]. Thus, if the abnormal mRNA are actually translated and escape degradation, the encoded proteins are truncated and non-functional.
Recent findings have shown that new splice sites can appear within introns, leading to aberrant mRNA [19
]. These splice sites cannot be found at the genomic DNA level by using screening techniques limited to exons and canonical splice sites at the exon boundaries [19
]. We observed 21 patients who had apparently no OA1
gene mutations or deletions despite presenting an apparently X-linked form of ocular albinism. These patients may have this type of intron mutation or may have mutations that alter the regulatory regions of the gene, such as the promoter region, silencers or enhancers.
Normally, with the techniques currently used for the molecular genetics diagnosis of X-linked ocular albinism, one third of affected individuals is not found to carry such mutations [10
]. Other patients have a completely or partially deleted gene.
Apparently sporadic cases may be due to several reasons. In some instances, we could simply not be able to get all the DNA samples of the families. Sometimes, de novo
germinal alterations could have arisen, the mechanisms of which are diverse, including DNA lesions and repair or recombinations during meiosis [21
]. The latter mechanism looks more plausible, as there may be many repeated sequences within introns or around the gene, leading to misalignments of X chromosomes during meiosis and unequal crossing-over(s). This may explain the high deletion rate in OA1
gene. Germinal mosaicism may also be a cause of sporadic deletion in OA1
Another possibility is that some of these patients may have been considered erroneously as affected by X-linked ocular albinism while they are in fact affected by very mild forms of oculocutaneous albinism. The limited size of the pedigrees analyzed in this study prevents us from stating with certainty the mode of inheritance of all the clinically diagnosed ocular albinisms included in our cohort. We cannot rule out that ocular albinism may constitute a heterogenous genetic ensemble despite being apparently clinically homogenous. However, in light of all the studies published so far, this hypothesis is very unlikely and all clinical forms of ocular albinism appear with a very high degree of probability linked to genetic alterations of the OA1 gene, despite the variability of symptoms observed in different patients [22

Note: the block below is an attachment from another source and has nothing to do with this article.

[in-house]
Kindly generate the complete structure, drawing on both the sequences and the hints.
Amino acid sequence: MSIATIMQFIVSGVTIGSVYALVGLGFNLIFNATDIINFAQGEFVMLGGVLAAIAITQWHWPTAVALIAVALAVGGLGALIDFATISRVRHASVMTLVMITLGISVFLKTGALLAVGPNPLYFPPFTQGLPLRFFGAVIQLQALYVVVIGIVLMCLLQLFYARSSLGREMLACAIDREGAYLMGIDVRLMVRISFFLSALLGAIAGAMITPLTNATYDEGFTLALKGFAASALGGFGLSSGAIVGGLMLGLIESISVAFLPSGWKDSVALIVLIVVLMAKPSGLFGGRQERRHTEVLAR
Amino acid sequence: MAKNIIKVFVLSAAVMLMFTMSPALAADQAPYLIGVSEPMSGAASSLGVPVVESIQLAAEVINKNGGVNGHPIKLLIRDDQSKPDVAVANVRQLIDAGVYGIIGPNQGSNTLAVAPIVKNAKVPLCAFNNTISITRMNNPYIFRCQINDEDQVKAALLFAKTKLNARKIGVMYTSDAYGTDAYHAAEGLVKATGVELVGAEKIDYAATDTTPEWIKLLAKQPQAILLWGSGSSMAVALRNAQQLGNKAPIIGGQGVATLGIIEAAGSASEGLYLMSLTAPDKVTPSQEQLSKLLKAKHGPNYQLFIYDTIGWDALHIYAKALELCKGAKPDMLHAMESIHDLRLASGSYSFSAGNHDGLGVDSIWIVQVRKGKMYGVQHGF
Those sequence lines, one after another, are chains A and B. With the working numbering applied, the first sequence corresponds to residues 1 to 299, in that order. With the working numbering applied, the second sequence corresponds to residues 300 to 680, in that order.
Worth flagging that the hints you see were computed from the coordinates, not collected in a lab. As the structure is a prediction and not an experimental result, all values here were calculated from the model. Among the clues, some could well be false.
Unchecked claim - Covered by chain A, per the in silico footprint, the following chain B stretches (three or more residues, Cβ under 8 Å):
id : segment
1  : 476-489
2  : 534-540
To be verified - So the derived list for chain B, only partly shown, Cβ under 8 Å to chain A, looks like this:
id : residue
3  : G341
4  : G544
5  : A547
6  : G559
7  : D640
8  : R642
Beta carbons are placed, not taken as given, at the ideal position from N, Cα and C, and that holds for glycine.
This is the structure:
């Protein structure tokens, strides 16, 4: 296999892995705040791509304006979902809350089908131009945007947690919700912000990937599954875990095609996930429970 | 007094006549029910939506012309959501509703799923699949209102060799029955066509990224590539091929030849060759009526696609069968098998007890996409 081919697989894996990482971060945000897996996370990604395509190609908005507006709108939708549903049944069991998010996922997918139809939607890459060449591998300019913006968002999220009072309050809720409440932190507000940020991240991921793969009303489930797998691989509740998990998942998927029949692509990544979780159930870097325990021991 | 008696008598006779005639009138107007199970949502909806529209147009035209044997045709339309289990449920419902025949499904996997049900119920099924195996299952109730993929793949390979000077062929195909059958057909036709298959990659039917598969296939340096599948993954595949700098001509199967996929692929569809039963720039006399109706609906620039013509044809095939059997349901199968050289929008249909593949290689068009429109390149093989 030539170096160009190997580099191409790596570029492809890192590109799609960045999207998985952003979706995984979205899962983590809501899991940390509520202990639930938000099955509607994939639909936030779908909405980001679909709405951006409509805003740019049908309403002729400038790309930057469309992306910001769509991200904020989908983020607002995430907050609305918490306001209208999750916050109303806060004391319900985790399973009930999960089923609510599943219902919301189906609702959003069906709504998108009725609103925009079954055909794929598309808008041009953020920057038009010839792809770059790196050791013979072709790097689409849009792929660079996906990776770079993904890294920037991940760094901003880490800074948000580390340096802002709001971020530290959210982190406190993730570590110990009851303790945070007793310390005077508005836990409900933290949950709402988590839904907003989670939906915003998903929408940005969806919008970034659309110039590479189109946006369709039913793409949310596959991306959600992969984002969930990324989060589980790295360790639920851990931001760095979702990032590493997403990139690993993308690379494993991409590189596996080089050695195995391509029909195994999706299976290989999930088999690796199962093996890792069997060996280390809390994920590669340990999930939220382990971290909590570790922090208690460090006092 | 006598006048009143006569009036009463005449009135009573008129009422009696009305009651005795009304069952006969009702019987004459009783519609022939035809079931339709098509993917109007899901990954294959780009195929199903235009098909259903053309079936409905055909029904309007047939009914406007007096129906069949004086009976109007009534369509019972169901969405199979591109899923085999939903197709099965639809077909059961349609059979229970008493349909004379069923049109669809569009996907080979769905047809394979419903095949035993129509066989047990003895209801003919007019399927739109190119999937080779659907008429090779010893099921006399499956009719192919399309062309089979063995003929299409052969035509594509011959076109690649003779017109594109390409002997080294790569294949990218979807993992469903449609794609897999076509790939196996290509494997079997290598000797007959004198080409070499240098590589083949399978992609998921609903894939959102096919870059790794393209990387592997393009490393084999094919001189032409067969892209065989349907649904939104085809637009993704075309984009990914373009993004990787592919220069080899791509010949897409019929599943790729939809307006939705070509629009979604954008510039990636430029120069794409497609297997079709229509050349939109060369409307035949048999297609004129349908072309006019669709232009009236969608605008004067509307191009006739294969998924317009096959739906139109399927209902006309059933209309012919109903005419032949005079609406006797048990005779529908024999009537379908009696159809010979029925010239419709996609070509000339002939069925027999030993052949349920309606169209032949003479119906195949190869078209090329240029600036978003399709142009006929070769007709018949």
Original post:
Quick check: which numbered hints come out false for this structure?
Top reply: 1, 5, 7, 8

Studying the size and the sequences of the mRNA from genes encoding proteins involved in melanogenesis is hindered by the extreme difficulty in their amplification by RT-PCR of total RNA extracted from lymphoblastoid or fibroblast cell lines from affected patients. The illegitimate transcription of such cell lines to obtain cDNA corresponding to the transcripts encoding melanogenic proteins has never been shown to be particularly efficient. Indeed, these genes either are not transcribed or are only weakly transcribed in these cell lines. Therefore, we would need to obtain skin biopsies from affected patients, purify melanocytes from these samples, culture them and then extract total RNA from these cultures before carrying out RT-PCR.
Our mutational screening would certainly benefit from quantitative genomic PCR [23
] in order to increase the probability of detecting other OA1
mutations that may have gone unnoticed by the sequencing procedure used for small, amplified exon fragments studied in this report.